Cybercriminals are increasingly targeting small- and medium-sized enterprises (SMEs), putting their data and finances at risk, according to cybersecurity firm Kaspersky.

Data from Kaspersky showed a 325% increase in the number of unique hits across SMEs in the Philippines in the first half of the year, totaling 1,847, up from 434 in the same period last year.

It also revealed that 196 SME employees encountered malware or unwanted software disguised as legitimate business applications from January to June. This figure grew from 76 in the same period in 2022.

Malware encompasses cyber threats such as trojans, viruses, and ransomware, which can grant criminals backdoor access to the corporate network, Kaspersky said.

“It’s always easy—and popular—to think that your business is too small to be a target,” said Yeo Siang Tiong, general manager for Southeast Asia at Kaspersky, in a press statement.

“Whatever business you’re in, as long as you’re using at least a computer or a mobile device that’s connected to the internet, you’re vulnerable to a cyber incident,” he added.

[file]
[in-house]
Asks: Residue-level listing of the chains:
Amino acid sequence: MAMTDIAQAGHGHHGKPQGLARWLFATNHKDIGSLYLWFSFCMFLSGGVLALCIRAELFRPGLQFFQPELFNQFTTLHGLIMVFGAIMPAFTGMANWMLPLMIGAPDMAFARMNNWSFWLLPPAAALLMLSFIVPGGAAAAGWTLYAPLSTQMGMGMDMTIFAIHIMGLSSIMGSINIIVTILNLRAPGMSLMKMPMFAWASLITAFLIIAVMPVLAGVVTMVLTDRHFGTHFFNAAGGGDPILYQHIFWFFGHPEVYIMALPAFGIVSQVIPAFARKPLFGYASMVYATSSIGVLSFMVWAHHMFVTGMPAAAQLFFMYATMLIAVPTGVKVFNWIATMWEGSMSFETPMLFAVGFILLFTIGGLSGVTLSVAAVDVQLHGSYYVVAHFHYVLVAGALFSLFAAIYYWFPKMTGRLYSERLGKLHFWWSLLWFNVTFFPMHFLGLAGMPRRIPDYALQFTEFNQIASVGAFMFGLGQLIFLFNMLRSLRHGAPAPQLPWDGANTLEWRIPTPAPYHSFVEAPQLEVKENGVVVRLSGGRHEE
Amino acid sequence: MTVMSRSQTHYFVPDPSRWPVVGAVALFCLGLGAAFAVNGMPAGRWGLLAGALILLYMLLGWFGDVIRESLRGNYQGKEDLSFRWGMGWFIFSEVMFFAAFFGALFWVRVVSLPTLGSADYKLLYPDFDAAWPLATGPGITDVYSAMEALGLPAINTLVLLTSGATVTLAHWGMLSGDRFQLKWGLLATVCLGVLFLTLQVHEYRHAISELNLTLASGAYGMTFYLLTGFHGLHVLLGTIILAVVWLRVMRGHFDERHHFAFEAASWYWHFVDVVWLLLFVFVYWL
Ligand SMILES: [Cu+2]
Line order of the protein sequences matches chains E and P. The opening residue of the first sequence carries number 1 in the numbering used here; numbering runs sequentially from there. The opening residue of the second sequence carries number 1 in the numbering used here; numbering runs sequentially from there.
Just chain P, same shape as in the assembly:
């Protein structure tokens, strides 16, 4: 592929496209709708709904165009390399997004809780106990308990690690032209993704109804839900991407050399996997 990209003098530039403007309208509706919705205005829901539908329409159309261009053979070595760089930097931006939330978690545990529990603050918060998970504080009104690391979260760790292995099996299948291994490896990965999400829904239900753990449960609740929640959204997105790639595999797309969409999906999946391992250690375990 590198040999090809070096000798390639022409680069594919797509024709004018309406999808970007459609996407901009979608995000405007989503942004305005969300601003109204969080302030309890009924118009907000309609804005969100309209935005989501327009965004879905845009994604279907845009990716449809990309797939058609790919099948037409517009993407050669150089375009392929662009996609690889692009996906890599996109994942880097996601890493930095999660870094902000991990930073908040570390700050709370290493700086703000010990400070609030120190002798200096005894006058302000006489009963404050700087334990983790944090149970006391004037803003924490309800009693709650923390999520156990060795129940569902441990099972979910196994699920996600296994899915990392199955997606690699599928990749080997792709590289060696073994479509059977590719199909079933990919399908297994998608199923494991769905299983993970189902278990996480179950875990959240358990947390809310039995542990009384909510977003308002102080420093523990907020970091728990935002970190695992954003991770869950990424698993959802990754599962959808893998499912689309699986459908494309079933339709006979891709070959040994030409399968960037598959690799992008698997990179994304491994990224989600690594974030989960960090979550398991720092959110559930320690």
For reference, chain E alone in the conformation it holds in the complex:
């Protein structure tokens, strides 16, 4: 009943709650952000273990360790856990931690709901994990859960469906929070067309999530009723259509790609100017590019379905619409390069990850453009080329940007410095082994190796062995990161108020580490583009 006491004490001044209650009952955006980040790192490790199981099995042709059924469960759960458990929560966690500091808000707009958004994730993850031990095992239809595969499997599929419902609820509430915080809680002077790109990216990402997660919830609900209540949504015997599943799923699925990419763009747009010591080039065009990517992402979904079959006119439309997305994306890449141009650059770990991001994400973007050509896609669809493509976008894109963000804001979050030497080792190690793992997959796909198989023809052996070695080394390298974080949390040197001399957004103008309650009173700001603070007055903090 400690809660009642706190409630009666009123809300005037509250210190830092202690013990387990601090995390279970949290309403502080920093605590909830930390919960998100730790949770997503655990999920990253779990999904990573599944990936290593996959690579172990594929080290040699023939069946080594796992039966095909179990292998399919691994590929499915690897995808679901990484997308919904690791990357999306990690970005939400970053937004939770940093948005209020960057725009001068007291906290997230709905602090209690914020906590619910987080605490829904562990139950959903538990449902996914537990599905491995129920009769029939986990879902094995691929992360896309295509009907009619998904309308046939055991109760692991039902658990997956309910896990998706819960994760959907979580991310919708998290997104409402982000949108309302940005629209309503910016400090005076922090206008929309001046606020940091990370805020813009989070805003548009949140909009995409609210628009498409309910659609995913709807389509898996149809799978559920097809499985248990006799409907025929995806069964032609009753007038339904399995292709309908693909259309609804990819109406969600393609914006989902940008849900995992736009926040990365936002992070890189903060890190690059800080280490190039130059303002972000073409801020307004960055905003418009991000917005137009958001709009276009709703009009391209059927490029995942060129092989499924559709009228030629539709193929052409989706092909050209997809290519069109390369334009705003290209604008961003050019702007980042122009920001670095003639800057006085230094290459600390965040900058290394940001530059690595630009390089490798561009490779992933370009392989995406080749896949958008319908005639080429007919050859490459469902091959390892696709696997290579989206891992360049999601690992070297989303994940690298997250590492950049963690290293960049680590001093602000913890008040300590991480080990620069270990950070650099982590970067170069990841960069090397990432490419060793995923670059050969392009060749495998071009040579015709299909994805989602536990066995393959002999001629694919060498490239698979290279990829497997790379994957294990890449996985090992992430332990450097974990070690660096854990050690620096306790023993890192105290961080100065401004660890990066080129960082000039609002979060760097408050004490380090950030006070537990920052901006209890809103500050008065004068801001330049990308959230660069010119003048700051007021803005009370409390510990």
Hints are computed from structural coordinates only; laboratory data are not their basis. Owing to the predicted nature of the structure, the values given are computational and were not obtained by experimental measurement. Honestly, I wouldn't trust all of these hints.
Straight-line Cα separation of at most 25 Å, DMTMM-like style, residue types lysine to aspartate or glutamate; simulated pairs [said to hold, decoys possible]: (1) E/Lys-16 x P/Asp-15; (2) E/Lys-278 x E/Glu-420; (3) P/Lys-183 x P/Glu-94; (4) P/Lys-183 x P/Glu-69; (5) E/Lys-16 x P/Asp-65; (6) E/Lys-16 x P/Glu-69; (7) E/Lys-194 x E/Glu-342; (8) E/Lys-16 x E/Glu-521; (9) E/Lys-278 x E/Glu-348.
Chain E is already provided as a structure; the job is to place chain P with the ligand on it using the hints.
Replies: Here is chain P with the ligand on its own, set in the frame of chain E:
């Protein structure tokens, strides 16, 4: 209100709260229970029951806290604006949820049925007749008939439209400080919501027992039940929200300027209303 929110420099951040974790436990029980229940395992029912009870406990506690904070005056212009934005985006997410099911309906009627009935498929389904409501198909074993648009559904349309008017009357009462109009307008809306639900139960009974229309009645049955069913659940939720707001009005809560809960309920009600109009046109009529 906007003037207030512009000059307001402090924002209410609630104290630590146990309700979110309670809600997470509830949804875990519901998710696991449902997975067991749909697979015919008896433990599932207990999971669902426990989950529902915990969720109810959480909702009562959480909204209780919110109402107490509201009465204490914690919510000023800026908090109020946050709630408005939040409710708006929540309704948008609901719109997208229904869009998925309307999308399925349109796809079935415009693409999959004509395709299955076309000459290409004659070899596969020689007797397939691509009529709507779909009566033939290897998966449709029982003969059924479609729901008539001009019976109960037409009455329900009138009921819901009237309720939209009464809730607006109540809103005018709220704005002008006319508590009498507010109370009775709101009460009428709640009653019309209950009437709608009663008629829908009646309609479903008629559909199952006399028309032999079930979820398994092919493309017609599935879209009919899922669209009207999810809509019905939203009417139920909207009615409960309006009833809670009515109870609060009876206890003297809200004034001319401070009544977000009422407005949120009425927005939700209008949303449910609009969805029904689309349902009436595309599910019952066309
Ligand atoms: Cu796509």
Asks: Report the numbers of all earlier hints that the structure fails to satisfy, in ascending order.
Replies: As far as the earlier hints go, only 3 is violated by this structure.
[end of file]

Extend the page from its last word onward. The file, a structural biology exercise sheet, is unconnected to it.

“Effectively reducing the impact of a cyberattack is only possible if the workforce is properly trained for cyber resilience.”

“There is now such a thing as building an IT infrastructure with lower investments; ask for help,” he said, noting that SMEs deal with limited resources.

“Remember, when it comes to cybersecurity, the weakest link is always your people.”

To curb the growth in cyber threats, Kaspersky suggested providing staff with basic cybersecurity hygiene training, including conducting a simulated phishing attack to practice recognition.

“Set up a policy to control access to corporate assets, such as email boxes, shared folders, and online documents,” it said on clear guidelines on employees’ minimum access to services and resources, alongside regular backups of corporate data.

Strong passwords and multi-factor authentication for all digital services must also be observed among employees, Kaspersky noted.

Security solutions and comprehensive defensive frameworks can also be sought through professional services, it added. — Miguel Hanz L. Antivola